The governmental apparatus of New York City is probably more complicated than you think, unless you happen to have worked in it before. There are various city agencies, boards and judiciaries – and that’s all before we get to elected officials. The elected positions of New York City government include:
- Mayor, who is the executive of the entire city
- Public Advocate, who stands first in line after the mayor
- Comptroller, who audits city agencies and is the fiduciary to city pension funds
- City Council – the city’s legislative body – of which there are 51 seats to represent all city districts
- Borough Presidents, of which there are five, one for each borough
Borough President is a position somewhere in between an executive and legislator. They can introduce bills to city council, but cannot vote on them. They maintain capital budgets taken from the city budget that they use as they see fit (such as on improvement projects). They appoint the members of their boroughs’ community boards, and host monthly meetings with the board chairs and district managers. And perhaps more than anything, the Borough Presidents are advocates for the needs of their boroughs and residents.
For my internship, part of the second-year curriculum at Bard CEP, I am working in the office of the Manhattan Borough President, Gale Brewer. The office is based out of the Manhattan Municipal Building, featured on the right, just across the street from City Hall. The office has multiple divisions within it, such as Land-Use and Community Affairs. I am working specifically for the Policy Unit, which features four policy analysts and a policy director, who is my immediate supervisor.
Due in large part to the efforts of the policy director, President Brewer has been a very influential figure for food policy within New York City. (Before being President, she was a City Council Member for the Upper-West Side.) Among other things, she has been an advocate for composting, local sourcing, fresh food programs, and free summer meals for kids. Just as I arrived, the office was mailing out its most recent report on dwindling Supermarket locations within Manhattan. The office’s focus on food policy issues was the main reason I was so drawn to this internship.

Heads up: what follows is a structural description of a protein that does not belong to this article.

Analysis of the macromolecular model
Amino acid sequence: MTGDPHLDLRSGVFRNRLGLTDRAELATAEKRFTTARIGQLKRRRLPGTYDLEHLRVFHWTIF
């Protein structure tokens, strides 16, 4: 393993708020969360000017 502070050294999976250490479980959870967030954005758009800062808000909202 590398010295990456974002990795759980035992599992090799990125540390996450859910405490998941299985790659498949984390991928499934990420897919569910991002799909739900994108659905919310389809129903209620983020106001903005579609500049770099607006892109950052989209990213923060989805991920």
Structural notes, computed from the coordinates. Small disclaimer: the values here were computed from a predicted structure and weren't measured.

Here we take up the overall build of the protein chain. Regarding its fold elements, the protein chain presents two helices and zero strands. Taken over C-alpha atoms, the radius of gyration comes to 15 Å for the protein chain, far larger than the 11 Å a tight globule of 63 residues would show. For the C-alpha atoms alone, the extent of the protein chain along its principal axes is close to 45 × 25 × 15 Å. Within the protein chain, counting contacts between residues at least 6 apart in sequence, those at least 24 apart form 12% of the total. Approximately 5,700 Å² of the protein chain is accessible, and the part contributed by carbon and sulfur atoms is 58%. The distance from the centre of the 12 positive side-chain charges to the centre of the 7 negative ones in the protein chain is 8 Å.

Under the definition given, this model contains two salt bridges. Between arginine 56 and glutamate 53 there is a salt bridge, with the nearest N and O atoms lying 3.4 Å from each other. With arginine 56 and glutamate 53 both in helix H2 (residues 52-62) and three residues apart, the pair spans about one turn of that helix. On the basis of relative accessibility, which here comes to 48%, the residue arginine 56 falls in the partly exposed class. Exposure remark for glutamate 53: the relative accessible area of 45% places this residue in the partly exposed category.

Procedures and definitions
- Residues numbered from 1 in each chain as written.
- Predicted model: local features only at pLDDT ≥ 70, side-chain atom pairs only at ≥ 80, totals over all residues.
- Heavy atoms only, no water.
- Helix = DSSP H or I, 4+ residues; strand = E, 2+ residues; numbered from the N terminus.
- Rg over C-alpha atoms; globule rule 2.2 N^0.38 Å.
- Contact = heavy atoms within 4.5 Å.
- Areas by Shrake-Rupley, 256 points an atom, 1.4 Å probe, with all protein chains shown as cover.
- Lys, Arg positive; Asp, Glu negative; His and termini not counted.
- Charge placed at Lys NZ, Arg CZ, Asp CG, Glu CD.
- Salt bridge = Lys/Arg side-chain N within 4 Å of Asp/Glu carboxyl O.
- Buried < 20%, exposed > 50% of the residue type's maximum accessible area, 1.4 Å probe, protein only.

My role within the policy division revolves around assisting with already established programs, performing policy analysis, and starting up a new study on open space. I’ll provide a couple of concrete examples:
Every Thursday, we partner with GrowNYC to provide heavily discounted bags of assorted farm-fresh produce to anyone who would like ($14 a bag), right outside our building. In about an hour, I and the other volunteers manage to divvy up the wax-boxed produce into about 150 paper shopping-bags. As a reward, we usually are allowed to take a few spare produce items home with us. Of course, now that I’ve made it public, this practice will probably stop. Soon, I will be helping to manage a similar program that we run for seniors on the northern part of Manhattan, called Fresh Food Box for Seniors.
Manhattan is an extremely dense place to live and is often referred to as a “concrete jungle.” This density is one of the city’s strengths in that allows for idea-sharing and innovation; however, it also provides unique challenges when it comes to supplying residents with open green space. While nobody discredits the beauty and function of Central Park, it is widely recognized that residents throughout the entire borough are entitled to local green spaces, both for mental and physical health, within walking distance of their homes. To determine how well the borough is performing this service, I will be designing and implementing a study of the borough’s open green space. We are still in the initial stages of planning; however, the report will likely take a close look at areas that are underserved by green space and provide policy recommendations for bringing green space to these neighborhoods so as to spread issue awareness and influence legislation and agency action.
In addition to the office work, we (interns) are also encouraged to attend all sorts of out-of-office affairs such as panel discussions, hearings at City Hall, and tours of Manhattan neighborhoods and landmarks that are coordinated by the office.
A couple of the highlights so far have been the tours of the Hamilton Customs House, 311 Call Center, and city court houses. The picture below is of a group of us – I’m far left – after visiting two court buildings near our office. Fun fact: the New York County (a.k.a. Manhattan) Supreme Court is the only “Supreme Court” in the country that is not an appellate court. It is simply a trial-level court, and its name harkens back to a time when the court served citizens beyond the borders of New York County.